Scarce handwritten 1787 land survey by Daniel Boone, complete with hand-drawn diagram of Kentucky wilderness
ADS, signed "Daniel Boone, D.S.," one page, 7.75 x 6.25, June 9, 1787. Land survey penned by Boone as deputy surveyor of Kentucky, which reads (spelling and grammar retained): "Survaid for John Baly 3000 acres by virtue of a treasury warrant No. Duly Entered—Situate lying and being in the county of Madison on Sturgon Crick the Waters of Cantucke a joining a survey made for Nathanel Hartt and not returned and bounded as follows viz beginning at A3 White oaks Harts NW Corner thence W1200 pos to B2 Hickurys thence South 400 pos to C a Walnutt and shugar tree thence Este 1200 pos to D a popler and 2 hickurys thence N 400 pos to the beginning." Signed neatly at the conclusion by Boone, who adds the names of his chainmen and marker. In the upper left, Boone draws a diagram of the land in question, noting: "area 300 acres plated by a scale of 400 poles to the Inch." Attractively double-matted and framed with an illustrated portrait to an overall size of 16.5 x 10.5. In fine condition.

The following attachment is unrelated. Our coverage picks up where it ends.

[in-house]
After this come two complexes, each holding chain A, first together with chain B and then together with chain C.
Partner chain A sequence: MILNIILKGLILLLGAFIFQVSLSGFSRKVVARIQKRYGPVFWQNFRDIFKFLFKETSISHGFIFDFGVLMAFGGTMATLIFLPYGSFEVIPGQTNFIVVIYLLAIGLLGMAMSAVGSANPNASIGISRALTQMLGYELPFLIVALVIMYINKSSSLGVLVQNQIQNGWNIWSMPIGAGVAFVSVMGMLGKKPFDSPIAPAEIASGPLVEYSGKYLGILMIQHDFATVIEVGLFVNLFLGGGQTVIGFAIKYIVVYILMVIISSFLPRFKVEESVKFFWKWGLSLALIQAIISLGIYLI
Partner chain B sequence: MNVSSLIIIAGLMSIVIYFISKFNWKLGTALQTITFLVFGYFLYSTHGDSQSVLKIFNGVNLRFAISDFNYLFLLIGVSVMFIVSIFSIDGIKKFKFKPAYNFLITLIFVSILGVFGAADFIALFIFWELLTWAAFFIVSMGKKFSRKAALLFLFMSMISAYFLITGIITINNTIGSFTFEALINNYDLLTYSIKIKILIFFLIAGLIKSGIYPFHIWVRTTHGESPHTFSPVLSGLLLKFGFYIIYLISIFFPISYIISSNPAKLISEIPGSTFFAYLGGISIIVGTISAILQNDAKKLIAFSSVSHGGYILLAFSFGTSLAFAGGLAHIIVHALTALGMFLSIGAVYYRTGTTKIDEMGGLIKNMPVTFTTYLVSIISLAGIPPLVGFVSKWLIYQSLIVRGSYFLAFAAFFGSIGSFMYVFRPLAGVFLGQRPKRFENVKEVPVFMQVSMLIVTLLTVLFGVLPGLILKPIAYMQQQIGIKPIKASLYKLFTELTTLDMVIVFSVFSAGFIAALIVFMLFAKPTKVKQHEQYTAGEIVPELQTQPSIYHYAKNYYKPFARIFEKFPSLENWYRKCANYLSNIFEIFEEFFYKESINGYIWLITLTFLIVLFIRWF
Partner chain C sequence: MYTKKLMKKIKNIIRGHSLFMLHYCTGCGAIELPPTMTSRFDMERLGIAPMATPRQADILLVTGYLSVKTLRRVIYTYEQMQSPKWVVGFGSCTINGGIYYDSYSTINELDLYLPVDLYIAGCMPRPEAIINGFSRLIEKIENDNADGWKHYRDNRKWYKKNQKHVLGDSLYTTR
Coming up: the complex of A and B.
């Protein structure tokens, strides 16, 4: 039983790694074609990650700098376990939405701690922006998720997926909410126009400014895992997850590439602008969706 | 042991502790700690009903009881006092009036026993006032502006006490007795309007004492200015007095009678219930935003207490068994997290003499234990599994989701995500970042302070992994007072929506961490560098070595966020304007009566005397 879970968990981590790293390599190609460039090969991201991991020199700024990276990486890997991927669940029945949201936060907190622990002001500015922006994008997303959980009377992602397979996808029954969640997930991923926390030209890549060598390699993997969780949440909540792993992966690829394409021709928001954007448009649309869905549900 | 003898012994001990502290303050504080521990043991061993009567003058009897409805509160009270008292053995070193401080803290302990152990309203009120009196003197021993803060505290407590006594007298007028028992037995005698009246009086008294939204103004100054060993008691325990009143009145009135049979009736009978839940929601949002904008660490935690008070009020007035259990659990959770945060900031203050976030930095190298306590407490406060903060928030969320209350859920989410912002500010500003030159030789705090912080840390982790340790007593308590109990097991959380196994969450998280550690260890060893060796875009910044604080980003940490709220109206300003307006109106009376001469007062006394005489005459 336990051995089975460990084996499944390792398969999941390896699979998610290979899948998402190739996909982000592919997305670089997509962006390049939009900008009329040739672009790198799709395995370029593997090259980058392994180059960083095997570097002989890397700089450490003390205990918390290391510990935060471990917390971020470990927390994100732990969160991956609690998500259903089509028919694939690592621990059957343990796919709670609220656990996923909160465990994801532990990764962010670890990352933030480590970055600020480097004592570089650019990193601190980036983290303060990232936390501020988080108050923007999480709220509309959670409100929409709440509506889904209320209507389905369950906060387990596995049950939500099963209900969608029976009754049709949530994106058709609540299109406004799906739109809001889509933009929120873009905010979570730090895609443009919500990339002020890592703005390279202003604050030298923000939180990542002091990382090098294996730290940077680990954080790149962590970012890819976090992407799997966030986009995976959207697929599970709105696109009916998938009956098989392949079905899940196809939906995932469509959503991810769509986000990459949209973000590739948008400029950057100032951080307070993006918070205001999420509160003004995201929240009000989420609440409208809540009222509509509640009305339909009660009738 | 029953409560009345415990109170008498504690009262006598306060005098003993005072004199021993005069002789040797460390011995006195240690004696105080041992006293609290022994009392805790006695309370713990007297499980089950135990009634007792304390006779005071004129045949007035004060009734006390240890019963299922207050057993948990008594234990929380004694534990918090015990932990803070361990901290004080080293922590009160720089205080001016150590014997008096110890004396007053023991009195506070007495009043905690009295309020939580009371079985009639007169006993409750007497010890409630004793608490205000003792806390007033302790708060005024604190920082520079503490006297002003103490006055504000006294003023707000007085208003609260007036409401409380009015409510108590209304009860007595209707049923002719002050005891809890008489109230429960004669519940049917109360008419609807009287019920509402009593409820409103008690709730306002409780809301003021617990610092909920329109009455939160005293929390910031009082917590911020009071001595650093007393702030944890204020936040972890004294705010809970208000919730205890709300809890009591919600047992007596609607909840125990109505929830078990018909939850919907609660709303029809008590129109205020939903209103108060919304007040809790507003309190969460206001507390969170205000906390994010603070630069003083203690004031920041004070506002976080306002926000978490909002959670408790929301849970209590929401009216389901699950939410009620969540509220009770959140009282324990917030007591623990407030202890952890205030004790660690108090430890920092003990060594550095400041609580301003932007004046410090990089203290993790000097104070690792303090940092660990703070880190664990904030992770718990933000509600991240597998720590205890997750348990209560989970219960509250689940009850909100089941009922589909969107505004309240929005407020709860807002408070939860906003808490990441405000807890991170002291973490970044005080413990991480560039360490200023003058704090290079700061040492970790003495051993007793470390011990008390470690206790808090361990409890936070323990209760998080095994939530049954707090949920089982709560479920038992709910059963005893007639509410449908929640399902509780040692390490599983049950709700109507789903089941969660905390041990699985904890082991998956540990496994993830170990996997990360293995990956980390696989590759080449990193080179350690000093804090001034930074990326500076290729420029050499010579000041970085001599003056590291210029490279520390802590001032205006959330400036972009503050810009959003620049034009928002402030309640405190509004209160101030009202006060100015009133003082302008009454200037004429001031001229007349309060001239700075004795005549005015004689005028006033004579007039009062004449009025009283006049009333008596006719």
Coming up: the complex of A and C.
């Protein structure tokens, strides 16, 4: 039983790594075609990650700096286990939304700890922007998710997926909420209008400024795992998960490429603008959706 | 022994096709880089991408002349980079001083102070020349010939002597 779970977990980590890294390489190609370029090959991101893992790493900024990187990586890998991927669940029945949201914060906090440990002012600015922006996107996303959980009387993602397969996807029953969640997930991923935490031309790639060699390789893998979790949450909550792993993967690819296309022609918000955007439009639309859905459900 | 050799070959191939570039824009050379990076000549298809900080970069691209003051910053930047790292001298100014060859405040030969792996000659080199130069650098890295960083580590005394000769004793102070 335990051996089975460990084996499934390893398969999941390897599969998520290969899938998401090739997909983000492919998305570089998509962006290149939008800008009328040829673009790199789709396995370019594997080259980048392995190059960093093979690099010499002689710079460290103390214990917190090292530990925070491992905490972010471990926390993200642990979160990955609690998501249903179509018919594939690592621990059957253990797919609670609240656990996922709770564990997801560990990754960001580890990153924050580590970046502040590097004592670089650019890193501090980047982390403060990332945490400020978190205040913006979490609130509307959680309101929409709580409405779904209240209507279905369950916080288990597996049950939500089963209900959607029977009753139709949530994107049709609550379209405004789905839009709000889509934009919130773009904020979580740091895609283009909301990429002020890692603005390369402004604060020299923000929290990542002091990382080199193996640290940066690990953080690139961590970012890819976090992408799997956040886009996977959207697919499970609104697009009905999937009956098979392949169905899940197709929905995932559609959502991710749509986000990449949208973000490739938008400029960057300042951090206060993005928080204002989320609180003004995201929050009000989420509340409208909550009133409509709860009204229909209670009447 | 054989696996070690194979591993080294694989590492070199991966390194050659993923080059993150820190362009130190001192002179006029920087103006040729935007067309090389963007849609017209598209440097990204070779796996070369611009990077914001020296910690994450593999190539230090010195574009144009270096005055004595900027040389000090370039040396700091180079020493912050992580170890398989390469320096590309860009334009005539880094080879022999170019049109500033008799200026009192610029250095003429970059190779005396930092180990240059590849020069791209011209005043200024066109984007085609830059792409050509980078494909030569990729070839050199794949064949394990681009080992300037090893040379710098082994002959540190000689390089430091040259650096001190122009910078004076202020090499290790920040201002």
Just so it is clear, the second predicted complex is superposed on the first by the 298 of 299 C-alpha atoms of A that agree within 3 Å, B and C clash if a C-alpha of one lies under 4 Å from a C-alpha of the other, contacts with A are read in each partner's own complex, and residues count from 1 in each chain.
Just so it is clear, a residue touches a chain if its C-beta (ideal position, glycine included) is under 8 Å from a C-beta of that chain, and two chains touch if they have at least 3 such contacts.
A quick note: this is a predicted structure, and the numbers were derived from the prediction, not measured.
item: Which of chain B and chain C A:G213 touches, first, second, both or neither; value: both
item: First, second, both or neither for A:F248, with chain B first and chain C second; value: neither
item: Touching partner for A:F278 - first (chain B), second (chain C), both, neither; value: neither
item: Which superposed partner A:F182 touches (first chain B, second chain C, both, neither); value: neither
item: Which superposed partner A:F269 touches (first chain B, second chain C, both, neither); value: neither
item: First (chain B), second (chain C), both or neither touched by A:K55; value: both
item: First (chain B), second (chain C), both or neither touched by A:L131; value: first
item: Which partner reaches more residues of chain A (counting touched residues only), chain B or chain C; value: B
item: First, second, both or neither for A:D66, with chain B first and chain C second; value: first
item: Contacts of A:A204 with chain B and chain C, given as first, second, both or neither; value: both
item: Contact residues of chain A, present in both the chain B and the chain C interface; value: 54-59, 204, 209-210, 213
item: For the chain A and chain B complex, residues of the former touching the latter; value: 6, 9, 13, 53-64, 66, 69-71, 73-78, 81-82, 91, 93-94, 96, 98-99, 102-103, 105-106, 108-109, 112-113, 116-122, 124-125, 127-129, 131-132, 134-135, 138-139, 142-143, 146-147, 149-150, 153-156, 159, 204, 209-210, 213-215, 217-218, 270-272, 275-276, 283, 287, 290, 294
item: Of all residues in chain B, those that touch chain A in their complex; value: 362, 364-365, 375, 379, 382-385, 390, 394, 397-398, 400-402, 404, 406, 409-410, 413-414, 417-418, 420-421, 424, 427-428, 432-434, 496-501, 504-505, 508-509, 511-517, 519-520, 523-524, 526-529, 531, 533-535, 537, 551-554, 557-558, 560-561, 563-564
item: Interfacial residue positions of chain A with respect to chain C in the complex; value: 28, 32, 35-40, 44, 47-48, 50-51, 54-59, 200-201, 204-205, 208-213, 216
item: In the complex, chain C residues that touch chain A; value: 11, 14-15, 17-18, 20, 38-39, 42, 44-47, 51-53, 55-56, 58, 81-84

As a pioneer and frontiersman, Daniel Boone was influential in extending the nation beyond the peaks of the Allegheny Mountains. With the company of his brother Squire, he explored the Kentucky wilderness from 1767 to 1769, and eventually settled his family in the territory in 1773. Two years later he extended the Wilderness Road over the Cumberland Gap through the Allegheny Mountains and erected three settlements, one of which was named ‘Boonesborough.’ In the wake of the Revolutionary War, Boone resettled in Maysville, Kentucky, and was elected to the Virginia state assembly in 1787. His military pursuits over, Boone became a local celebrity and for a period earned a profitable living as a tavern keep, a surveyor, a horse trader, and a land speculator. The legalities of the latter soon caught up with Boone’s sense of honor and weak investment strategies, and in 1788 he moved upriver to Point Pleasant, Virginia, operating at a trading post and then occasionally as a surveyor's assistant. An interesting land document dating to the most prosperous period of Boone’s life.